I didn't see the newest Batman film, but I did see the 2008 version with Heath Ledger ["Not helpless to control guns," Editorial, July 27]. I found it to be sinister and soul-sapping.
A lot of what passes for entertainment has no redeeming social value. It makes us numb to death and suffering, it reeks of gratuitous violence, and it enforces a sense of hopelessness and loss of innocence.
I believe in cause and effect. An amoral mega-violent film puts dangerous ideas in the heads of the troubled and weak-minded. It's cause and effect.
Patrick Grant, Rocky Point
I have been a psychologist at John Glenn High School in Elwood since 1978. While I am not an expert on violent crimes, I would venture to say that whatever demons haunted the mind and soul of suspect James Holmes, he was clearly unequipped to deal with them.
According to news reports, one member of our military commits suicide each day. Those who study suicide thought it was the horror of war that drove the suicide rate. Now it is believed that it is not the mayhem and violence on the battlefield, but the quiet time at home, when young servicemen and women are in the solitude of their own thoughts and contemplating what it all meant.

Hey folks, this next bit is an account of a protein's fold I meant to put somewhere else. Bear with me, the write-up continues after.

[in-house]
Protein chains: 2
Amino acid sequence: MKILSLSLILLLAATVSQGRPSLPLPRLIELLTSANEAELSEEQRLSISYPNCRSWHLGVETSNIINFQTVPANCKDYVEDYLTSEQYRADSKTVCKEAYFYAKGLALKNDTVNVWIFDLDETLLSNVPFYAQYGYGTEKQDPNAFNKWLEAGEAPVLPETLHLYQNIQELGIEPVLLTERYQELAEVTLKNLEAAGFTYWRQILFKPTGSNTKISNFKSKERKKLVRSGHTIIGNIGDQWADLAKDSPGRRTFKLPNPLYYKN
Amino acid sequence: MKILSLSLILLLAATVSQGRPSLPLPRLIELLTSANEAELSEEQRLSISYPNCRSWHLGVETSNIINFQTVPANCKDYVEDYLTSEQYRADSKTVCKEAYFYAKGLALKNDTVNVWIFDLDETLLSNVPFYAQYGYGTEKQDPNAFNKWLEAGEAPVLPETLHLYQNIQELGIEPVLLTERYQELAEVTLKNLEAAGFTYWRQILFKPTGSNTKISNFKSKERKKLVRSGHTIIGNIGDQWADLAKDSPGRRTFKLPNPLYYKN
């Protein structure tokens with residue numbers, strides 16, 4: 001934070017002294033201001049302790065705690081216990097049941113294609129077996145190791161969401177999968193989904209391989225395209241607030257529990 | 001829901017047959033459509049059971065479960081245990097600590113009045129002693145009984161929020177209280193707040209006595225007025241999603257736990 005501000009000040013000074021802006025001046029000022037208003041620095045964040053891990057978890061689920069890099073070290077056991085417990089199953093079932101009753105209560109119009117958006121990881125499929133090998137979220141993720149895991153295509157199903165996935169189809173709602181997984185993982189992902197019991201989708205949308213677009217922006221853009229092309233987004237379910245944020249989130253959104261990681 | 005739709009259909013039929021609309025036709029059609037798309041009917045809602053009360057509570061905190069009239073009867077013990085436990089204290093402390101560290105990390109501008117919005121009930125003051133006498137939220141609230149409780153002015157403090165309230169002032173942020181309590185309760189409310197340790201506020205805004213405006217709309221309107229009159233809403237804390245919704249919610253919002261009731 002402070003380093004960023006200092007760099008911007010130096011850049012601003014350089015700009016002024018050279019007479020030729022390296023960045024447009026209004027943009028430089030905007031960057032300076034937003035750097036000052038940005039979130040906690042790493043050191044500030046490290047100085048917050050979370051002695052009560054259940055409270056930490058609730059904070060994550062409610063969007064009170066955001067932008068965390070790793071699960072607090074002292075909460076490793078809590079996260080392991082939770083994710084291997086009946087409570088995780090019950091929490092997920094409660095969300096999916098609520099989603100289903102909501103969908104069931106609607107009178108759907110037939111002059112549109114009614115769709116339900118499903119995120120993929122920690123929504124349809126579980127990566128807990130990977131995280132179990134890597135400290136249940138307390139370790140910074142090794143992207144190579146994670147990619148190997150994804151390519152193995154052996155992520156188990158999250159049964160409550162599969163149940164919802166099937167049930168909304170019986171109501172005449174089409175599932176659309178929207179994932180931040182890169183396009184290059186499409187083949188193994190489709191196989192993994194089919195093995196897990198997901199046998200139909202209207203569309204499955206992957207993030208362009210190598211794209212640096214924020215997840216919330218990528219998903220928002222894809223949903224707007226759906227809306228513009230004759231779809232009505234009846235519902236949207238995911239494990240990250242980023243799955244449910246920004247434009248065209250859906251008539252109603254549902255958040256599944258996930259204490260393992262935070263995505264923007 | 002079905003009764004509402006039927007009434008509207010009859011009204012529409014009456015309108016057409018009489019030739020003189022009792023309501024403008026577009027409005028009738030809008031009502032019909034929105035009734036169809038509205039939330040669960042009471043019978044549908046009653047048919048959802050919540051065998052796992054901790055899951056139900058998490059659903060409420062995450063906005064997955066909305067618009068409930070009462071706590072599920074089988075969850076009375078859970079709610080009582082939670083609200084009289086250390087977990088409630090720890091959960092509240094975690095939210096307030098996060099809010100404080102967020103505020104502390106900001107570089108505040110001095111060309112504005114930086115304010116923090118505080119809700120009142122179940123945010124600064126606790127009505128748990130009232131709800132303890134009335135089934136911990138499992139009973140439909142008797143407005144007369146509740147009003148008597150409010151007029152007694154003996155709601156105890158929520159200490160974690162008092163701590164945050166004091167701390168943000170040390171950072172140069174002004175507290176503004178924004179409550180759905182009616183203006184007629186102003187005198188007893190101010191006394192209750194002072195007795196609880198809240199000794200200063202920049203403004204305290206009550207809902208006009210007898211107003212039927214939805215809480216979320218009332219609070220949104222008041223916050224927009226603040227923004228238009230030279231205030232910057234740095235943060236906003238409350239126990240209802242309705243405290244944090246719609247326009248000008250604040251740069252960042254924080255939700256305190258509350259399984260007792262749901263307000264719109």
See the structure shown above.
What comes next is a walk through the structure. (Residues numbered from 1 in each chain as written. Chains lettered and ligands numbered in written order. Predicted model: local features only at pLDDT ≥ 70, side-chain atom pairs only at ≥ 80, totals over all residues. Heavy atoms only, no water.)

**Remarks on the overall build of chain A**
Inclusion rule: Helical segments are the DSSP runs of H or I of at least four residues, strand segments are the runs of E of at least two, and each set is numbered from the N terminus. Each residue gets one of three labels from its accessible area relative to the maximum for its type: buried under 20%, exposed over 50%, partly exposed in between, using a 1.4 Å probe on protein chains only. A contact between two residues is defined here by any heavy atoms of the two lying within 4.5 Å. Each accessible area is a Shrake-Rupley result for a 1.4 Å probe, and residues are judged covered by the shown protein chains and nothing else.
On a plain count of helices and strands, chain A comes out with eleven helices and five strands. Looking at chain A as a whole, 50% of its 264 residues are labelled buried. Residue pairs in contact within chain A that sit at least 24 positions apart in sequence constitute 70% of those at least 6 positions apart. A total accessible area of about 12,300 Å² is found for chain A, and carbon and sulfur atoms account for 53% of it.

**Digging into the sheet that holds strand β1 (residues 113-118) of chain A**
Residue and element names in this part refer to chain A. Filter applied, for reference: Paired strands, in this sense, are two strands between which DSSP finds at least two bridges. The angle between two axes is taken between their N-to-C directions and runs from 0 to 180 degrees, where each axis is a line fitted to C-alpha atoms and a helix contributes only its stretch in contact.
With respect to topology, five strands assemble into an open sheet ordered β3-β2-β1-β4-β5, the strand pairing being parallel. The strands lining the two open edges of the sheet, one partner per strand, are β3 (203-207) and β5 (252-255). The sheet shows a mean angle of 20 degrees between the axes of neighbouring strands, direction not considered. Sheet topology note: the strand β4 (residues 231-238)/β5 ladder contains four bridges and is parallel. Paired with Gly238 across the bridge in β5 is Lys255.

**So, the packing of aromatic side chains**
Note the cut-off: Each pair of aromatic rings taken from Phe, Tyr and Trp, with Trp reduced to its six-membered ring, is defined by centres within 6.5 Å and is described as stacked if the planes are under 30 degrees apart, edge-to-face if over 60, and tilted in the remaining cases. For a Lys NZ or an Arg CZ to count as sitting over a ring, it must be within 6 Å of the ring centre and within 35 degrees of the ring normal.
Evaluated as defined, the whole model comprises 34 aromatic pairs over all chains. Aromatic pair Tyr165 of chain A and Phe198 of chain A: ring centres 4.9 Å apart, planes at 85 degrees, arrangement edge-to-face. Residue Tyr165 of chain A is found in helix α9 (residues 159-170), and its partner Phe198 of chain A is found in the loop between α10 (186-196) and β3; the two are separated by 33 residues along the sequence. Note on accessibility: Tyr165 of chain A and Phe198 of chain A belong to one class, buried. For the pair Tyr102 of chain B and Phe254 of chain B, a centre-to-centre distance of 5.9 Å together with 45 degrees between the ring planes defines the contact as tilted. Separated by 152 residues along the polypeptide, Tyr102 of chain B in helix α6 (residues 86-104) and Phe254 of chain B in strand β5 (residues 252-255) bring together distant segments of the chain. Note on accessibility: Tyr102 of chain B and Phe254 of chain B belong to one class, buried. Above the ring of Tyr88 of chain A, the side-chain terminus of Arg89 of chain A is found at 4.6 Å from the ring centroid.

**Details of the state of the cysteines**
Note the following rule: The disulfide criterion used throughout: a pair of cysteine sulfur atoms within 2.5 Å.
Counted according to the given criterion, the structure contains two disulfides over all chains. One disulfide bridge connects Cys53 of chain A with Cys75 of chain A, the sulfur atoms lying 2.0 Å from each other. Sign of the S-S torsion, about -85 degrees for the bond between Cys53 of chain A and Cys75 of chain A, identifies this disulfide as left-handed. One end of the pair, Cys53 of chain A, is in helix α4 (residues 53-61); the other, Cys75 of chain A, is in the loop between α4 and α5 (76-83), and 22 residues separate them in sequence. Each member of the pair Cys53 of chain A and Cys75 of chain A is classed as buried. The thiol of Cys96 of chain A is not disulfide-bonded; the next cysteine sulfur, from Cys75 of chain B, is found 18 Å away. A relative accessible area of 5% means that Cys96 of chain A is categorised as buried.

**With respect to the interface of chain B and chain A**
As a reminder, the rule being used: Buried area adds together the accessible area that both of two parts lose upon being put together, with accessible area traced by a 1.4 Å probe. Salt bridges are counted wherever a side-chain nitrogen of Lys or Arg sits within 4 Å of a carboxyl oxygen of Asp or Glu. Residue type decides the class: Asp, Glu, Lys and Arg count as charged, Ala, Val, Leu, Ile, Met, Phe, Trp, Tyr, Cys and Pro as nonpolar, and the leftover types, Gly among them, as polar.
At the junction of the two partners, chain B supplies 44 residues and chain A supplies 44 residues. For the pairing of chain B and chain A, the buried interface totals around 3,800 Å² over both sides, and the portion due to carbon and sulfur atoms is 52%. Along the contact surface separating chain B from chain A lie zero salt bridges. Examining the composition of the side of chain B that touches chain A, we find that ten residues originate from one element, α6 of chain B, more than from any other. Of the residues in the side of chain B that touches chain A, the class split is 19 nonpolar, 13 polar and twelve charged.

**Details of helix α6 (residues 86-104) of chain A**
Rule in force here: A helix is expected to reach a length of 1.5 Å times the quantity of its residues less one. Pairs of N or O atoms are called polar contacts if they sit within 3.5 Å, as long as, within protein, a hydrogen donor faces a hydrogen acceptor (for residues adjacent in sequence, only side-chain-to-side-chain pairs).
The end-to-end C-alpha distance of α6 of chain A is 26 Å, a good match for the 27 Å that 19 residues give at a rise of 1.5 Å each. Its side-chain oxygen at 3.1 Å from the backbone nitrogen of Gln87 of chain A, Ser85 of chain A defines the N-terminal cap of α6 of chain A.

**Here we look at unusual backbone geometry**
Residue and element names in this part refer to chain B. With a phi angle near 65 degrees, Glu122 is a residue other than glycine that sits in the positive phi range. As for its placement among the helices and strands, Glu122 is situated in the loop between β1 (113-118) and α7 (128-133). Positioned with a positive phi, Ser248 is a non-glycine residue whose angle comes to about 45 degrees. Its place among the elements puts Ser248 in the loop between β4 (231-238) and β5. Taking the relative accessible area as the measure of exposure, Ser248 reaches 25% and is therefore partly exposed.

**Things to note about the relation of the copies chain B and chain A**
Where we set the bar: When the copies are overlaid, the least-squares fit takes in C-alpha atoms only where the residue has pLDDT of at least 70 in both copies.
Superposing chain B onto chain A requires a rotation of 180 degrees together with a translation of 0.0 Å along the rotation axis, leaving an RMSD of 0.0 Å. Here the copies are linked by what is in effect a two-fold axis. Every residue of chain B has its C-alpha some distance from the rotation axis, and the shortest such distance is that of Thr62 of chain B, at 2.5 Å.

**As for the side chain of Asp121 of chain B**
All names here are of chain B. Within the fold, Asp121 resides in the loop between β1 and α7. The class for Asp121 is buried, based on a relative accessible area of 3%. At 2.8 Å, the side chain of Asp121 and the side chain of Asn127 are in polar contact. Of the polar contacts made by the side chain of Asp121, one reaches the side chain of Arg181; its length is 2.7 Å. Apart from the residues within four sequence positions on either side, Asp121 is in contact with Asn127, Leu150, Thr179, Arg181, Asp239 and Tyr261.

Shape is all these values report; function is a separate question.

While our school curricula continue to stress the importance of academic excellence, we have failed to teach children about how to recognize harmful emotions. We have portrayed mental illness as something shameful rather than something that must be treated with dignity. We have not taught our young how to cope with the deepest and darkest emotions in a systematic way, and that these feelings can be managed nonviolently.
In our schools as well as universities, we have so much to do in this area. And yet, mental health continues to be first on the chopping block when budget cuts are made.
Anthony Pantaleno, Lynbrook